}
return(L)
}

# compute z.LA
compute.zLA <- function(prior.mu=0,prior.sd=5,likelihood.mu=1,likelihood.scale=0.1,likelihood.skew=2) {
obj <- function(x) {-dnorm(x,prior.mu,prior.sd,log=T)-log(dskt((x-likelihood.mu)/likelihood.scale,df=1,likelihood.skew))}
x <- nlm(obj,likelihood.mu,hessian=T)
z.LA <- sqrt(2*pi)*sqrt(1/x$hessian)*exp(-x$minimum)
return(as.numeric(z.LA))
}

# compute upper & lower bounds
compute.bounds <- function(N.collection,LXs,Lmax,z.LA) {

output <- list()

# Compute Nlive list
sortedL <- sort(unlist(LXs))
Nlive <- numeric(length(sortedL))
for (i in 1:length(N.collection)) {
Nlive[sortedL <= max(LXs[[i]])] <- Nlive[sortedL <= max(LXs[[i]])] + N.collection[i]
}
delXs <- -diff(c(1,exp(-(1:(length(sortedL)))/Nlive),0))
# sanity check: sum(delXs)=1
z.low <- sum(delXs[2:length(delXs)]*sortedL[1:(length(sortedL))])
z.high <- sum(delXs[1:(length(delXs)-1)]*sortedL)+Lmax*delXs[length(delXs)]
output$z <- c(z.low,z.high)

output$L <- z.LA/(z.high+z.LA)
output$U <- z.LA/(z.low+z.LA)

return(output)
}

# reorders the LXs
generate.pseudo.sample <- function(c.collection,N.collection,LXs) {

mock.ts <- mock.indices <- list()
for (i in 1:length(LXs)) {mock.ts[[i]] <- numeric(floor(c.collection[i]*N.collection[i]))
mock.indices[[i]] <- 1:floor(c.collection[i]*N.collection[i])
for (j in 1:(floor(c.collection[i]*N.collection[i]))) {mock.ts[[i]][j] <- max(runif(N.collection[i]))}
for (j in 2:(floor(c.collection[i]*N.collection[i]))) {mock.ts[[i]][j] <- mock.ts[[i]][j]*mock.ts[[i]][j-1]}
}
for (i in 2:length(mock.indices)) {mock.indices[[i]] <- mock.indices[[i]]+max(mock.indices[[i-1]])}

sortedL <- sort(unlist(LXs))
ts.order <- match(1:length(sortedL),sort.list(unlist(mock.ts),decreasing=T))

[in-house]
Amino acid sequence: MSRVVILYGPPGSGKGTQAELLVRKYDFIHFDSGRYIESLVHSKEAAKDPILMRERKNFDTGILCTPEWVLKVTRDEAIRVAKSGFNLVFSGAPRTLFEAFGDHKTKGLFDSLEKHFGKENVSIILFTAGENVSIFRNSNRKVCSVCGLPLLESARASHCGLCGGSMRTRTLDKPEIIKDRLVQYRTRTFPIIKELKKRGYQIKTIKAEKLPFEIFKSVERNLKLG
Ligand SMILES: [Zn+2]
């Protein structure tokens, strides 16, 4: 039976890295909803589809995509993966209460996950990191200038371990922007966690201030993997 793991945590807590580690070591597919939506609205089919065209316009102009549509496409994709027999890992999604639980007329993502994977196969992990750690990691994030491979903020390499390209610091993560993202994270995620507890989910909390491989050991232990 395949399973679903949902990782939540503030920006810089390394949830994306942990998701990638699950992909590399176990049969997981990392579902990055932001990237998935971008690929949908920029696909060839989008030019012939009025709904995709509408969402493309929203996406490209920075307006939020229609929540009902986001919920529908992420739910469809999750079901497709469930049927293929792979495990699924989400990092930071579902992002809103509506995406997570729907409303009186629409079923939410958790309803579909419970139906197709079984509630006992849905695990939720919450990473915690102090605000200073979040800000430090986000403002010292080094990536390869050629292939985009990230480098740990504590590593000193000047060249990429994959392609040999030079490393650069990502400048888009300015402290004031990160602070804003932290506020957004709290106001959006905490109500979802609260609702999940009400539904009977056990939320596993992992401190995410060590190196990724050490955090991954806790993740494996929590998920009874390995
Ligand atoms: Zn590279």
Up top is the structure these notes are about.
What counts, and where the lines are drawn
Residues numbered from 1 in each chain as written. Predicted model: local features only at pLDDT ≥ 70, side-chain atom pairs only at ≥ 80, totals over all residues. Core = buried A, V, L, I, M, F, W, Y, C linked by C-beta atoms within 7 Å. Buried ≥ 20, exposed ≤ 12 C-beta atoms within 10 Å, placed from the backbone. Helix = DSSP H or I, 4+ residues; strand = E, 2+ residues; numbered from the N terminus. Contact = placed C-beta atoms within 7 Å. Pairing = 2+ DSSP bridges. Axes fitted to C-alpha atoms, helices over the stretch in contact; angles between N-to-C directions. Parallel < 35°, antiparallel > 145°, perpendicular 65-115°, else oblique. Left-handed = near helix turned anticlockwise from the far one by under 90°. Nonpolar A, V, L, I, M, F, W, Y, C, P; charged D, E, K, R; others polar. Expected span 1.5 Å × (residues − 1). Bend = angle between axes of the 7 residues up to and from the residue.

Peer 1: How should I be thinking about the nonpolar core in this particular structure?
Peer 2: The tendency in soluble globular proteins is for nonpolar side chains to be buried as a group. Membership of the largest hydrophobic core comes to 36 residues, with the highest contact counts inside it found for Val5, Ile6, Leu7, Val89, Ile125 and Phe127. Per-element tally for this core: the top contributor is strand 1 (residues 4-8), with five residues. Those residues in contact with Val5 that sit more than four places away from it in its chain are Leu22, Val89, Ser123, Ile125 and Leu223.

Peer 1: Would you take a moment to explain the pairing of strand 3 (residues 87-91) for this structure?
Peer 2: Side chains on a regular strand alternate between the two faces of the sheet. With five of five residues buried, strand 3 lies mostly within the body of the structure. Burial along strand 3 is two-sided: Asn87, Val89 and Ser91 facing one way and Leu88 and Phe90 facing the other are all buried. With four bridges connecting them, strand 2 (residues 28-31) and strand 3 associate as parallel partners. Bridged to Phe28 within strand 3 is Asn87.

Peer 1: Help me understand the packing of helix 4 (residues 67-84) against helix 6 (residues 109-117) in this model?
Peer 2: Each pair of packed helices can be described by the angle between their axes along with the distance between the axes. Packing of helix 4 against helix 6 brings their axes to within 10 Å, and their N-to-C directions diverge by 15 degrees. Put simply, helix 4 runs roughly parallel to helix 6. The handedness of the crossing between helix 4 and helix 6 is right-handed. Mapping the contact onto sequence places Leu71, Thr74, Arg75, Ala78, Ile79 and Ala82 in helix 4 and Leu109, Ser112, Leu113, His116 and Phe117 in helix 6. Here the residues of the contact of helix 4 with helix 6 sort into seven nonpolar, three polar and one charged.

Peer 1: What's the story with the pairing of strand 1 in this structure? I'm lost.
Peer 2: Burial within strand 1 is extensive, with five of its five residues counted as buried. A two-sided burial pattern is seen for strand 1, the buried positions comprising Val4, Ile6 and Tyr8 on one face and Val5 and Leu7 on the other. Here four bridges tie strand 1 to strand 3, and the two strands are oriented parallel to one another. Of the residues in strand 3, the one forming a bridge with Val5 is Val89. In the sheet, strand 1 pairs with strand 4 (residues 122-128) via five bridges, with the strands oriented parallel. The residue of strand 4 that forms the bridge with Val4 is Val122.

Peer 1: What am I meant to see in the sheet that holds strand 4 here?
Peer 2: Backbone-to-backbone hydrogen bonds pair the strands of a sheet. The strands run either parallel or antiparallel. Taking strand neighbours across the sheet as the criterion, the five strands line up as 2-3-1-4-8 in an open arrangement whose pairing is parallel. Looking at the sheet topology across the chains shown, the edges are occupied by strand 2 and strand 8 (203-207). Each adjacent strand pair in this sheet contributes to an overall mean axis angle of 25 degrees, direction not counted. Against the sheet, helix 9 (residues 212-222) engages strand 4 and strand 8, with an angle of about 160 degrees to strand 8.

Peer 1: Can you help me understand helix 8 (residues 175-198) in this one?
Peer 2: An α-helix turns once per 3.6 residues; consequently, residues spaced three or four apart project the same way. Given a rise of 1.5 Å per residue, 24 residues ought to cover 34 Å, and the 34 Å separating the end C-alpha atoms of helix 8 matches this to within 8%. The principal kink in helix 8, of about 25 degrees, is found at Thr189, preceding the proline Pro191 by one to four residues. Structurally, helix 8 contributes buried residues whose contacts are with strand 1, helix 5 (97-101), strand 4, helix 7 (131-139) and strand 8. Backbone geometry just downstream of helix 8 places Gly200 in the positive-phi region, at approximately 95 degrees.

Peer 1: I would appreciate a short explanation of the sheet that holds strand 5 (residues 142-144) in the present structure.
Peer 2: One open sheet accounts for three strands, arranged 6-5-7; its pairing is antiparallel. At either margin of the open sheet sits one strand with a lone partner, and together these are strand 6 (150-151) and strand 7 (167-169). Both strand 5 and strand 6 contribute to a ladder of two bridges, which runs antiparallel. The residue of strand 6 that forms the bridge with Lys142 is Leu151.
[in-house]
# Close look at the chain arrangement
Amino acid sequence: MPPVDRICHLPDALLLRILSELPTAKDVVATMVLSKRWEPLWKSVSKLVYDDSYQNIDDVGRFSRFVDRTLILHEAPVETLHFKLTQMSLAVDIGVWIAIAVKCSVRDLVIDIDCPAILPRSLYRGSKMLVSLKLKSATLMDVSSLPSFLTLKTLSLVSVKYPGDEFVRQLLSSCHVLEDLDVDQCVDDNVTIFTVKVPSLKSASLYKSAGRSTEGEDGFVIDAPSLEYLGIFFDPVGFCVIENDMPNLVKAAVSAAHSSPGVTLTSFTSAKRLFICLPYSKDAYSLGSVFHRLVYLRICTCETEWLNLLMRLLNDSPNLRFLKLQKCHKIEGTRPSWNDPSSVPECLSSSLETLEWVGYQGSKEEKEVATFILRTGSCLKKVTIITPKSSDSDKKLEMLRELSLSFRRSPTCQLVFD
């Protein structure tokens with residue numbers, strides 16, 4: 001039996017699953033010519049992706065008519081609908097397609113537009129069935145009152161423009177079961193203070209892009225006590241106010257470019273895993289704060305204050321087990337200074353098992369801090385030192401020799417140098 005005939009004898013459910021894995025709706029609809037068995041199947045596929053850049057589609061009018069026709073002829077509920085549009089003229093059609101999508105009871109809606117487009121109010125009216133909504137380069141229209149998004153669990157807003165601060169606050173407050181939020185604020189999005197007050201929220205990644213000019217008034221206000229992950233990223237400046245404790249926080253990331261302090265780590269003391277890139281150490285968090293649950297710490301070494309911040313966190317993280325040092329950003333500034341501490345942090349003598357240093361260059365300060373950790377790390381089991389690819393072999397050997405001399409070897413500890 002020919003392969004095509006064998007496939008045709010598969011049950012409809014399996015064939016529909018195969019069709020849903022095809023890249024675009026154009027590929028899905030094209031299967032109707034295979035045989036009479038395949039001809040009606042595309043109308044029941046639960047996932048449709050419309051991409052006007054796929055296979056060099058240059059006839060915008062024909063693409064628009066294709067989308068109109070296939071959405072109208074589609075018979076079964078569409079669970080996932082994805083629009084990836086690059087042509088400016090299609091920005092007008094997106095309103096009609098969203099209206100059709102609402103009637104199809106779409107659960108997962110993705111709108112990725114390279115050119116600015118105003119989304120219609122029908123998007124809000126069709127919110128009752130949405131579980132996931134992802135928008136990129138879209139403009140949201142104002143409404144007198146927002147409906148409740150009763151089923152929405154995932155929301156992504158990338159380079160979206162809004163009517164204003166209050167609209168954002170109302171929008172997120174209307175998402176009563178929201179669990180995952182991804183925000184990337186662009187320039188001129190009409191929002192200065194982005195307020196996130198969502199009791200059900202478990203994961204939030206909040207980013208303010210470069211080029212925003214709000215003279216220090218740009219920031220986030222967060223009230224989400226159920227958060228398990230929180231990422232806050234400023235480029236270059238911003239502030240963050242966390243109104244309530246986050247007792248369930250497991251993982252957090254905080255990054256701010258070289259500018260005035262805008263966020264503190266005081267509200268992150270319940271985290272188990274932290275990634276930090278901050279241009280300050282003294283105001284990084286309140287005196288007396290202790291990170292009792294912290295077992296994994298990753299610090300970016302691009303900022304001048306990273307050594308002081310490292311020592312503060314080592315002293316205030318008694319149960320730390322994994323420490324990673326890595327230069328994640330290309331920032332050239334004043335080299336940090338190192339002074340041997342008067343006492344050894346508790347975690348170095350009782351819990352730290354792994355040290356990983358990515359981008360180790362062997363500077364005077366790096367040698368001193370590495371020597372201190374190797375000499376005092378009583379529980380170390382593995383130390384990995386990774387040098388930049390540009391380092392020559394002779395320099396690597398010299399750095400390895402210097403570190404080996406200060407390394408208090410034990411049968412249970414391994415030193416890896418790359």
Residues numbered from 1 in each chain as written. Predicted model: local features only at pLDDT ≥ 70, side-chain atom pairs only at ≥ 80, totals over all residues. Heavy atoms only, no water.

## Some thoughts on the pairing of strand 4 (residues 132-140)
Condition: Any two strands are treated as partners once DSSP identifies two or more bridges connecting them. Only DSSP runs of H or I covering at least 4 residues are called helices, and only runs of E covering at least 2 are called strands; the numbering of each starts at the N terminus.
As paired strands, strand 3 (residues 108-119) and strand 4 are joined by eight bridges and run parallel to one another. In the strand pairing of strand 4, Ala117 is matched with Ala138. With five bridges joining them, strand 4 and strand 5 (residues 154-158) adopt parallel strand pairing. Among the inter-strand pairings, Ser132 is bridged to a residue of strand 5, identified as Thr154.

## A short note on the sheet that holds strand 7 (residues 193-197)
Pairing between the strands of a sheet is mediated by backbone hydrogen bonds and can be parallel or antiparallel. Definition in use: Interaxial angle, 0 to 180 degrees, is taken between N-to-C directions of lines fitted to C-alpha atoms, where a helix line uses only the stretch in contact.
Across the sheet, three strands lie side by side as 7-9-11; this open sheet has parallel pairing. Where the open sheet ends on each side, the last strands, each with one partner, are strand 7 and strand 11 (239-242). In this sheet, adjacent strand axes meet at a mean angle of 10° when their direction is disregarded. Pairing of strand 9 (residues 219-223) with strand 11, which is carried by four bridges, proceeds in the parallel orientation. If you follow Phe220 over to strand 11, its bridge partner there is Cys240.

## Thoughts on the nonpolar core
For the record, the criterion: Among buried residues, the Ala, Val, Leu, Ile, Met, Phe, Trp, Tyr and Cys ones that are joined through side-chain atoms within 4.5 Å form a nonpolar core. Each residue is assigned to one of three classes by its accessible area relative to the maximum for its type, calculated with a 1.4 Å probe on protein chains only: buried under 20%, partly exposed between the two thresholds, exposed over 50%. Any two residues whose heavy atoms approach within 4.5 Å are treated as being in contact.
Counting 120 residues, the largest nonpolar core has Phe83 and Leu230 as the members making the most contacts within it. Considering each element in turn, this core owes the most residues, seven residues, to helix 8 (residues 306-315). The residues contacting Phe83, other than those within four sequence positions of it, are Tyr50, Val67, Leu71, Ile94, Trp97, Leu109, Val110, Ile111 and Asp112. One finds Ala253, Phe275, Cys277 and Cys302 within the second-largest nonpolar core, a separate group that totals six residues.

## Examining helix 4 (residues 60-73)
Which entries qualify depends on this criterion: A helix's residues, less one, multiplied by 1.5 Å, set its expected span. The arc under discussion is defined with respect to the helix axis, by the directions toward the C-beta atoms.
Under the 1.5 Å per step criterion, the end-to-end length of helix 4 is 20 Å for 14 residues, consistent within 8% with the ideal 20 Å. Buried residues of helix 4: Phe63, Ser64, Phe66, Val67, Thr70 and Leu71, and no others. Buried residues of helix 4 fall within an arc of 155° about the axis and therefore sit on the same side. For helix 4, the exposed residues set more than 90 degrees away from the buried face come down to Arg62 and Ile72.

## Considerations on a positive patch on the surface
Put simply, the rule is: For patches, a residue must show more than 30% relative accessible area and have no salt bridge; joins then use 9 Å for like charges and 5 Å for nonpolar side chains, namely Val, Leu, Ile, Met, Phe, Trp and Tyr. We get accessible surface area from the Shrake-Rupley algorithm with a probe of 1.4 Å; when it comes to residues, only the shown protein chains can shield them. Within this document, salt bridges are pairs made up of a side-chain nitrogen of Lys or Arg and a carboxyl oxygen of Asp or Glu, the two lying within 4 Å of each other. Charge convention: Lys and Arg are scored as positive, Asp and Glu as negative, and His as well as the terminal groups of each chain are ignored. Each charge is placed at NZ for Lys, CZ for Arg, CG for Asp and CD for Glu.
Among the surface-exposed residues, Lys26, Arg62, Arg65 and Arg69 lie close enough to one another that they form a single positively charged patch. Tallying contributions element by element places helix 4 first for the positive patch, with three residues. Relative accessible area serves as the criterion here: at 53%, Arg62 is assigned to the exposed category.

dummy.LXs <- list()
for (i in 1:(length(LXs)-1)) {dummy.LXs[[i]] <- sortedL[ts.order[mock.indices[[i]]]]}

return(dummy.LXs)
}

# Bernoulli factory
simulate.BayesFactor.coin <- function(prior.mu=0,prior.sd=5,likelihood.mu=1,likelihood.scale=0.1,likelihood.skew=2,Nfactor=10,cfactor=2) {

## Following NS version of Algorithm 4 from Latuszynski paper
# Initialize
G0 <- runif(1)
n <- 1
L <- U <- Lhat <- Uhat <- Lstar <- Ustar <- numeric(1)
L[1] <- 0
U[1] <- 1
Lhat[1] <- 0
Uhat[1] <- 1
Lstar[1] <- 0
Ustar[1] <- 1
decided <- F
LXs <- list()
Zs <- list()
Lmax <- dskt(0,df=1,likelihood.skew)
N.collection <- c.collection <- numeric(0)
z.LA <- compute.zLA(prior.mu,prior.sd,likelihood.mu,likelihood.scale,likelihood.skew)

while (!decided) {
# Obtain L[n] and U[n]
N <- sqrt(n)*Nfactor # min = 3 for simplicity
c <- n*cfactor
N.collection[length(N.collection)+1] <- N
c.collection[length(c.collection)+1] <- c
LXs[[length(LXs)+1]] <- draw.nested.model(N,c,prior.mu,prior.sd,likelihood.mu,likelihood.scale,likelihood.skew)

n <- n + 1
x <- compute.bounds(N.collection,LXs,Lmax,z.LA)
zz <- mean(x$z)
#cat(x$L,x$U,”\n”)
L[n] <- x$L
U[n] <- x$U

# Sampling approximating to estimate E{L[n-1]|F[n]}
if (n > 2) {
dummy.N <- list()
for (i in 1:(length(N.collection)-1)) {dummy.N[[i]] <- N.collection[[i]]}
dummy.N <- as.numeric(dummy.N)
Lmean <- numeric(1)
Umean <- numeric(1)
for (k in 1:100) {
LXs.dummy <- generate.pseudo.sample(c.collection,N.collection,LXs)
x <- compute.bounds(dummy.N,LXs.dummy,Lmax,z.LA)
Lmean[k] <- x$L
Umean[k] <- x$U
}
Lmean <- mean(Lmean)
Umean <- mean(Umean)
Lstar[n] <- Lmean
Ustar[n] <- Umean
} else {Lstar[n] <- 0; Ustar[n] <- 1}

# Algorithm 4
if (L[n] > Lstar[n]) {
Lhat[n] <- Lhat[n-1]+(L[n]-Lstar[n])/(Ustar[n]-Lstar[n])*(Uhat[n-1]-Lhat[n-1])} else {Lhat[n] <- Lhat[n-1]}
if (U[n] < Ustar[n]) {
Uhat[n] <- Uhat[n-1]-(Ustar[n]-U[n])/(Ustar[n]-Lstar[n])*(Uhat[n-1]-Lhat[n-1])} else {Uhat[n] <- Uhat[n-1]}
if (G0 <= Lhat[n]) {status <- 1; decided <- T}
if (G0 > Uhat[n]) {status <- 0; decided <- T}
}
cat(status,G0,Lhat[n],Uhat[n],L[n]-Lstar[n],U[n]-Ustar[n],z.LA,zz,”\n”)
return(status)

}

### Test coin
# p=0.525
x <- numeric(1000)
for (i in 1:1000) {x[i] <- simulate.BayesFactor.coin(prior.mu=0,prior.sd=5,likelihood.mu=0,likelihood.scale=1,likelihood.skew=2,Nfactor=5,cfactor=5)}
cat(“p=0.525 : <coin>[1000] =”,mean(x),”\n”)

# p=0.219
x <- numeric(1000)
for (i in 1:1000) {x[i] <- simulate.BayesFactor.coin(prior.mu=0,prior.sd=5,likelihood.mu=3,likelihood.scale=0.5,likelihood.skew=2,Nfactor=5,cfactor=5)}
cat(“p=0.219 : <coin>[1000] =”,mean(x),”\n”)